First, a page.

Unfortunately, Justice Scalia and some of the others like to pontificate about things they really don’t understand and issue a ruling that addresses only the case on appeal but raises scores of questions for other cases. Specifically, for reasons beyond me they actually articulate those questions they are not resolving and say that lower courts, or the Patent Office, can figure it out. Such a ruling in Bilski would be a disaster. It almost certainly lead to enormous uncertainty and variation at the District Court level, would be difficult if not impossible for the Patent Office to articulate to 6,000 plus examiners who are not lawyers and would divide the Federal Circuit.
The longer this goes the more I hope the Supreme Court will hold the case over to the October 2010 term. Racing to do what they have so far this term been unable to do in the final two weeks of the term seems likely to lead to a decision that will cause more harm than good. Racing to get the opinion out so the Justices can go on Summer vacation or teach a class abroad would do injustice to patent law, the US economy and innovation in general. Just thinking about it makes me nauseous.
Updated at 8:11 pm ET to add the word “not” in this sentence: “While most would clearly agree that Bilski is not of the same magnitude of importance as Brown v. Board of Education…“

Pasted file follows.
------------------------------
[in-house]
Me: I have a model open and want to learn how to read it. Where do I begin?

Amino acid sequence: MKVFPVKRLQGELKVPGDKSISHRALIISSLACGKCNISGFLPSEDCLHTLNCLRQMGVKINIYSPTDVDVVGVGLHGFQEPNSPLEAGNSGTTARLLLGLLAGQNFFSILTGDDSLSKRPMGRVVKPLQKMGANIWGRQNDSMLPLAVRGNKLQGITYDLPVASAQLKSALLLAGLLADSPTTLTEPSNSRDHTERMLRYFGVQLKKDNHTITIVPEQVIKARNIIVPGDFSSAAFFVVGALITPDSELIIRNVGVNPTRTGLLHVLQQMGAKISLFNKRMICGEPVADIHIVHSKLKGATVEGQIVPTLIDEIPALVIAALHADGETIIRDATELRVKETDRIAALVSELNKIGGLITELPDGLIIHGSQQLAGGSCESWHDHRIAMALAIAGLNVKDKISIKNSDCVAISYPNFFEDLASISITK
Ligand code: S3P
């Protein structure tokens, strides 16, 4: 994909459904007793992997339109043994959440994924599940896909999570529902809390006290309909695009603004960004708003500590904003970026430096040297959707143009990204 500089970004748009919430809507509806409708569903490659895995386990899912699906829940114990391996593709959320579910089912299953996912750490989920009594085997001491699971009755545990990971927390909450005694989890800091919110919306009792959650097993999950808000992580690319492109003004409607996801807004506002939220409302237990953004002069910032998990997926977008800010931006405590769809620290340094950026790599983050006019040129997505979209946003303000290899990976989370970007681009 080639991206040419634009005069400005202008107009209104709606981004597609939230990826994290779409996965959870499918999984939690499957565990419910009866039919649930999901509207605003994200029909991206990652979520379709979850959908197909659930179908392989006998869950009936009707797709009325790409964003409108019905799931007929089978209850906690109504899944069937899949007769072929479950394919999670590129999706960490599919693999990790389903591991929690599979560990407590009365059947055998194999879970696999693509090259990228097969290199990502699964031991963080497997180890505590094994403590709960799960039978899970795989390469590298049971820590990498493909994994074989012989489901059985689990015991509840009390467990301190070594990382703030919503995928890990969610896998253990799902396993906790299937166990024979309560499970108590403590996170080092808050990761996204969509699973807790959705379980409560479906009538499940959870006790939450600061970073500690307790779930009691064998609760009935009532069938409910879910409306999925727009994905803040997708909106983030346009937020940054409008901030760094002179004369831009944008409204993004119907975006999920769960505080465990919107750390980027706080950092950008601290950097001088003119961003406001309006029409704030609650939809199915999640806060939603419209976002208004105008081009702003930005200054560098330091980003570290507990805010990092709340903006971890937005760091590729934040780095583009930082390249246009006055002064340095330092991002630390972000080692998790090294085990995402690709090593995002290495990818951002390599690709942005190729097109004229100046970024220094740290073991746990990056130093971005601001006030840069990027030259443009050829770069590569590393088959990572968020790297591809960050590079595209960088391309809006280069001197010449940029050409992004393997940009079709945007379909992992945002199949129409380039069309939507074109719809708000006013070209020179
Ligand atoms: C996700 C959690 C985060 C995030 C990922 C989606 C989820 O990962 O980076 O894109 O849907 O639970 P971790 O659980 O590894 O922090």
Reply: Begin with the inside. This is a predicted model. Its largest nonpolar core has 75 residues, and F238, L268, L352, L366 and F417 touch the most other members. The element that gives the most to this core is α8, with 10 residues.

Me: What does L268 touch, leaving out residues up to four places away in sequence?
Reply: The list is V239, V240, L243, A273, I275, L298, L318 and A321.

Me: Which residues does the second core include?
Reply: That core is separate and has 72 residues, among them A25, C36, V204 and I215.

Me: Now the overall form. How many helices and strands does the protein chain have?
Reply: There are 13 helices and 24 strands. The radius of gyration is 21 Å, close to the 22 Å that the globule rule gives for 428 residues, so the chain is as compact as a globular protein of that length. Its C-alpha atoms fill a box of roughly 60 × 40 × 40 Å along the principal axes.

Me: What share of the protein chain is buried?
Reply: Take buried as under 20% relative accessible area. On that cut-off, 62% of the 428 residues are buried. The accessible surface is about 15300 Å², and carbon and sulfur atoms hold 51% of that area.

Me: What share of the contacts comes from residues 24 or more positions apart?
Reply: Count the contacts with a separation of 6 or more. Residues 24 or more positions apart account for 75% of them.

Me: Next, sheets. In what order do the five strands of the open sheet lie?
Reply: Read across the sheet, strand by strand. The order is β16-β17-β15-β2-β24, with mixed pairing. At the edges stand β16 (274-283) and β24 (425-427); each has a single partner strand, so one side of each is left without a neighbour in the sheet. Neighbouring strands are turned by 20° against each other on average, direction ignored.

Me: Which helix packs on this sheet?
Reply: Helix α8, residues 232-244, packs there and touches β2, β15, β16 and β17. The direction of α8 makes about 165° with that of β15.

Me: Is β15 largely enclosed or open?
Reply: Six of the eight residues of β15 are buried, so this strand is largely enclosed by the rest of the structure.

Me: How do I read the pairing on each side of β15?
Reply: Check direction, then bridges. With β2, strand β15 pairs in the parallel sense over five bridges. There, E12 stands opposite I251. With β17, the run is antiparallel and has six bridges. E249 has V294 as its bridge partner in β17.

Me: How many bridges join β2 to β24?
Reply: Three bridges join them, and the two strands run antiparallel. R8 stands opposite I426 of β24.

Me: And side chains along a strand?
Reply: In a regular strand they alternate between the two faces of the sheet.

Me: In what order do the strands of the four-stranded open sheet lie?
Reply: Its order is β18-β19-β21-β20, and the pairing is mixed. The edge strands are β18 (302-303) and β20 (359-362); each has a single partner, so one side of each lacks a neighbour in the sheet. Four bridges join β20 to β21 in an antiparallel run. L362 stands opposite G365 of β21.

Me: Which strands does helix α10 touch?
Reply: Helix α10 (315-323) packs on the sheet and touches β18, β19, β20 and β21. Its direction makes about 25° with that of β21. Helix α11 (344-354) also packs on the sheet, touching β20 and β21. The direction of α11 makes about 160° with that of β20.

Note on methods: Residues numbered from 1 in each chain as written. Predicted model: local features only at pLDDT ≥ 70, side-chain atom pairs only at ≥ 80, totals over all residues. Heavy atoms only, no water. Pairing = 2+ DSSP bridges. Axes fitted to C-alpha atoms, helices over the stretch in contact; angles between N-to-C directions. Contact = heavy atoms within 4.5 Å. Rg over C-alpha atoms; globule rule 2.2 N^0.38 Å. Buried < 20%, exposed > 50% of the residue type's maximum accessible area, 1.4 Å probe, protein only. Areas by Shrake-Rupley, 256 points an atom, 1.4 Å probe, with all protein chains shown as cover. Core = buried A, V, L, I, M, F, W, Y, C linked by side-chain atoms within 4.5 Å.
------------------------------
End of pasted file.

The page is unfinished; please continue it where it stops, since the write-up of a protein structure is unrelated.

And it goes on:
About the Author
Gene Quinn is a US Patent Attorney, law professor and the founder of IPWatchdog.com. He is also a principal lecturer in the top patent bar review course in the nation, which helps aspiring patent attorneys and patent agents prepare themselves to pass the patent bar exam. Gene started the widely popular intellectual property website IPWatchdog.com in 1999, and since that time the site has had many millions of unique visitors. Gene has been quoted in the Wall Street Journal, the New York Times, the LA Times, USA Today, CNN Money, NPR and various other newspapers and magazines worldwide. He represents individuals, small businesses and start-up corporations. As an electrical engineer with a computer engineering focus his specialty is electronic and computer devices, Internet applications, software and business methods.